The Medicine Wheel
The Medicine Wheel
Not A New Age Concoction—Navigation Device of the Ancients
By Jim Miller
Originally printed in TRIBE Newsletter December 1994
The moon rolled across the sky. It was our night light as it shone through the smoke hole. The 27 feet diameter earth lodge we sat in was to be my home for the week. I was in the hills of Nebraska, near Stockville. The sun set that evening. We were finishing up some braintan skins and pumping out fires with hand spindles and bow drills. It was the Autumn equinox. Les had built this lodge and two others like it with the help of his wife, Jan and their friends.
We waked to the top of a nearby hill and we could see the horizon for 360 degrees. I could also see many basketball sized rocks. They were laid out in a circle about 70 feet in diameter. Many lines of stones radiated from the center in various directions.
“This is our medicine wheel”, said Les, “Our ancestors used it to mark and keep track of the seasons and cycles of the moon.”
This was an eye opener for me. The medicine wheels I’d heard of previous to this were weekend gatherings where someone told you or showed you your problems and signs and then ‘wheeled’ you for $400 or so! With all due respect to the ‘wheelers’, I think Les’ approach better meets my bank account!
Each large stone on the perimeter of the circle or wheel (See drawing: Medicine Creek Medicine Wheel) represents a day in the cycle of the moon. 28 days (stones) represent the cycle from New or no moon and back to the New moon again. A small stone sits on the large stone that represents the place in the current cycle.
A line of stones run the inside diameter of the circle from north to south and east to west. Other spokes of the wheel radiate from the center marking the location in the heavens of particular stars. On the circumference of the wheel small stones between ‘moon cycle’ stones mark the direction of special places on Earth.
On the eve of the equinox we gathered on the medicine wheel’s East stone and watched the sun slowly walk down the sky and set behind the West stone. We sang and played our drums and celebrated Les and Jan’s anniversary. It was a special time at a special place.
I was invited to teach again next year…I am going to go back. It was great to realize the medicine wheel isn’t just another over-spiritualized New Age concoction. Helping to tie the heavens to the Earth it has much to share.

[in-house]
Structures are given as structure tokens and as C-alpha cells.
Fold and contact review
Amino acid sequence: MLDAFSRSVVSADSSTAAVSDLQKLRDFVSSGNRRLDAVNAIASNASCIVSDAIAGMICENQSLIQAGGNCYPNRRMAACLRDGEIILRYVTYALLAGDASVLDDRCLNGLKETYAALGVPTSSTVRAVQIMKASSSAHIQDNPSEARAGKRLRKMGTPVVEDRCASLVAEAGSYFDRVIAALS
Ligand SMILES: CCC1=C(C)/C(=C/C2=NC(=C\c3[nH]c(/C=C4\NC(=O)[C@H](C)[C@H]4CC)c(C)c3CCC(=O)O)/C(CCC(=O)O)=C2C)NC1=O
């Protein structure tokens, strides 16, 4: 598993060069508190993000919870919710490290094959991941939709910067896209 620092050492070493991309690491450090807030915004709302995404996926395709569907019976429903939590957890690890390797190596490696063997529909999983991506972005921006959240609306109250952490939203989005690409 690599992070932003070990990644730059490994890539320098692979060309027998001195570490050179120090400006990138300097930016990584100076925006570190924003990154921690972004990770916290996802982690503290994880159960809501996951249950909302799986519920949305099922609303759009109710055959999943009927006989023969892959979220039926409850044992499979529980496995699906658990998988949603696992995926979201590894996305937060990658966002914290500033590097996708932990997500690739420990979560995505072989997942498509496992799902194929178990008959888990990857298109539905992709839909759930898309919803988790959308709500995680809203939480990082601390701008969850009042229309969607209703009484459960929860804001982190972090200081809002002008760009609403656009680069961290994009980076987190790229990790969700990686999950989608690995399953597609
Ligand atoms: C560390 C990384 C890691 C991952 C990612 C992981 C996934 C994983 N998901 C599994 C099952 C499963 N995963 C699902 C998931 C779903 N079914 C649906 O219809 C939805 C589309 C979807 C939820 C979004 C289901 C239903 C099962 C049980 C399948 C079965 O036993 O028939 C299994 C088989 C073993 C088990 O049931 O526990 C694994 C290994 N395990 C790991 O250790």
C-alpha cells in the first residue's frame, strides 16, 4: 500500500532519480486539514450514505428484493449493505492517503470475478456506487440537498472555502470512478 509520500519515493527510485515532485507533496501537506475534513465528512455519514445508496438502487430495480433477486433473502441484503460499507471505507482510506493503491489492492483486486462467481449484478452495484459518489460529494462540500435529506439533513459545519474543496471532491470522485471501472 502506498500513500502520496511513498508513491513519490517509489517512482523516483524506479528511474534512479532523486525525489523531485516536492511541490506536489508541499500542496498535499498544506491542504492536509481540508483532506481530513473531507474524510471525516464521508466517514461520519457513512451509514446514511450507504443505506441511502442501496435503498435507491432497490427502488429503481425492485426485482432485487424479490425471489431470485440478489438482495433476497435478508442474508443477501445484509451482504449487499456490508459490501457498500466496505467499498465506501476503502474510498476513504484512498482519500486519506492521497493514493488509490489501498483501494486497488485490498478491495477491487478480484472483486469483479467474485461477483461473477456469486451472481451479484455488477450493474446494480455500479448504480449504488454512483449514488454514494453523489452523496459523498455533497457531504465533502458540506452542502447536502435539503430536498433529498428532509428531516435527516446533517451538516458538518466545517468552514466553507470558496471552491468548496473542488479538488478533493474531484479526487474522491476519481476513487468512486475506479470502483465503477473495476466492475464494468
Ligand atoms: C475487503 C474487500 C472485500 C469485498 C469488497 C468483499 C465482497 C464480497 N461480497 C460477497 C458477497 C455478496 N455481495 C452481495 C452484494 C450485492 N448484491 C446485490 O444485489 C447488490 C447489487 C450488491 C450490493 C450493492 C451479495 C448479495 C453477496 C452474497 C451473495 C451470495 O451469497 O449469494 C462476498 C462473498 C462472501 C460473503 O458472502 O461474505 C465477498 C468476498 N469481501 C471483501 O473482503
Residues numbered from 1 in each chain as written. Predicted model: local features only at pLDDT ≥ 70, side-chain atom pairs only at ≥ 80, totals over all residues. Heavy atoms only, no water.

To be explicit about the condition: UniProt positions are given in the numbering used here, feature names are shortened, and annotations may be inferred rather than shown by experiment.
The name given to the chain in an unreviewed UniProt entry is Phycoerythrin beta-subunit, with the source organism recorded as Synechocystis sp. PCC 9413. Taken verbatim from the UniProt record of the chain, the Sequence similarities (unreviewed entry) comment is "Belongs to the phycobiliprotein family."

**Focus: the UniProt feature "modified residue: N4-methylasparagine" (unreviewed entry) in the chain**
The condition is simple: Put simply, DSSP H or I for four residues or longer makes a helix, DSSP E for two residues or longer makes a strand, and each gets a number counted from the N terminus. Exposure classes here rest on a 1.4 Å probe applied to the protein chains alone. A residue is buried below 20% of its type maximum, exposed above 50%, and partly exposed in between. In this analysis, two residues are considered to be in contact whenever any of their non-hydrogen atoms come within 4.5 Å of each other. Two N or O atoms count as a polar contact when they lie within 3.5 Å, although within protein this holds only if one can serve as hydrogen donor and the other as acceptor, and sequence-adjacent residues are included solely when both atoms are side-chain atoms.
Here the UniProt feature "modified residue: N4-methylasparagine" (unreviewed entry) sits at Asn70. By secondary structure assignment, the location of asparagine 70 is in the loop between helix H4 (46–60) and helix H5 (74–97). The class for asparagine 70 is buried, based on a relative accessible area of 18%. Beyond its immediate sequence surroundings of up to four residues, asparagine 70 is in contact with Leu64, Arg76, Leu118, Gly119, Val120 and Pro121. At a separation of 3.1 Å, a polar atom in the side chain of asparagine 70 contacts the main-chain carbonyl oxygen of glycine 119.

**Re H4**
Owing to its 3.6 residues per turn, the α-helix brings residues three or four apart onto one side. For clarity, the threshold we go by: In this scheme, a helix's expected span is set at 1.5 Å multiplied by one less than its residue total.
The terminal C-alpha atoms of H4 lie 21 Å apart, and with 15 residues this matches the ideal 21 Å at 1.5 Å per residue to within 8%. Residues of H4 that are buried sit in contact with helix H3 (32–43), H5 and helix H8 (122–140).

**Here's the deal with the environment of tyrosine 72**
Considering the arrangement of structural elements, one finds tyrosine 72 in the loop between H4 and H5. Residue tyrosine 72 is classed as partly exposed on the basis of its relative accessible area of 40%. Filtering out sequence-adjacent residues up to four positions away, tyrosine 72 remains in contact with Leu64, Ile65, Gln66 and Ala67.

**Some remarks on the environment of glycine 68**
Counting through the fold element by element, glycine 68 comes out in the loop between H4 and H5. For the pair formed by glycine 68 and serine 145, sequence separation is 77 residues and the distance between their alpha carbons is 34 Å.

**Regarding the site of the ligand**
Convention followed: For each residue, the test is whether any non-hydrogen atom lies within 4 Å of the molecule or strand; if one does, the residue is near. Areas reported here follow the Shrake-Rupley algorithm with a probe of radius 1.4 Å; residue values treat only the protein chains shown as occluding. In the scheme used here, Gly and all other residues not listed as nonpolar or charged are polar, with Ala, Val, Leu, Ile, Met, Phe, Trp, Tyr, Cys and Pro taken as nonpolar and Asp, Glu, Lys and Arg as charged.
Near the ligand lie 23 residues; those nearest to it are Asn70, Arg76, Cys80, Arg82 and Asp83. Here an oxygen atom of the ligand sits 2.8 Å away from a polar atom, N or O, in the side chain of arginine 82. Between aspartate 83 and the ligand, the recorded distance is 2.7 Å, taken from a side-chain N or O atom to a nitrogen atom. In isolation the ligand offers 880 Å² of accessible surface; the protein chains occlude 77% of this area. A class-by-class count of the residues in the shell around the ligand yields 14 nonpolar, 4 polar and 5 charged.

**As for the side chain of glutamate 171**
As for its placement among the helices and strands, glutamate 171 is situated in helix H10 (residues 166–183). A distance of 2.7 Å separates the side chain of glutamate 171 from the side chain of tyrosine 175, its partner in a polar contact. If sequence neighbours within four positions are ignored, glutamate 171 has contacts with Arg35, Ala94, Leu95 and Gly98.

“We had a wheel that would take you from here to there. They had a wheel that would take you to the stars.”
Jacob Wheeler, speaking of medicine wheel, INTO THE WEST
Lascaux is famous for its Palaeolithic cave paintings, found in a complex of caves in the Dordogne region of southwestern France, because of their exceptional quality, size, sophistication and antiquity. Estimated to be up to 20,000 years old, the paintings consist primarily of large animals, once native to the region. Lascaux is located in the Vézère Valley where many other decorated caves have been found since the beginning of the 20th century (for example Les Combarelles and Font-de-Gaume in 1901, Bernifal in 1902). Lascaux is a complex cave with several areas (Hall of the Bulls, Passage gallery) It was discovered on 12 September 1940 and given statutory historic monument protection in December of the same year. In 1979, several decorated caves of the Vézère Valley – including the Lascaux cave – were added to the UNESCO World Heritage Sites list.“So, What? I mean, cave art is cool but what is the practical application to a practitioner of primitive and survival skills?”
I am glad you asked! Cave art fascinates me on so many levels. As an artist I am amazed at the beautiful artwork miles back in a cave where no one can see it. I wonder why they didn’t put it on the outside of the cave and sign their name to it, right? Well in some cases it is on the outside on rock faces and such. I also am amazed about how they lit their way to do this amazing work, I mean, they certainly had no flashlight! I know from my research that torches and stone oil lamps were used and even went into some caves for myself to test out some primitive torches and oil lamps. For an entire account of this adventure as well as my research just click here.
This research involved several primitive/survival skills. It involved pecking and shaping one stone with another to make stone oil lamps. It also involved a project with one of Steve Watts’ workshops where we moved a huge megalith stone by primitive means like pulling it across logs and then standing it up with an A-frame. We theorized these were the same methods used to stand those huge stones up at Stonehenge. It also taught me how to light a trail or cave if I were in a survival situation. I experimented with pine pitch and oil as fuels, cattail fluff for wicks, dry cane bundles for torches. I experimented with different ochres and pigments mixing them with hide glue for adhesive and water. I tested glues that could made in the wild like pine pitch glue and hide glue.
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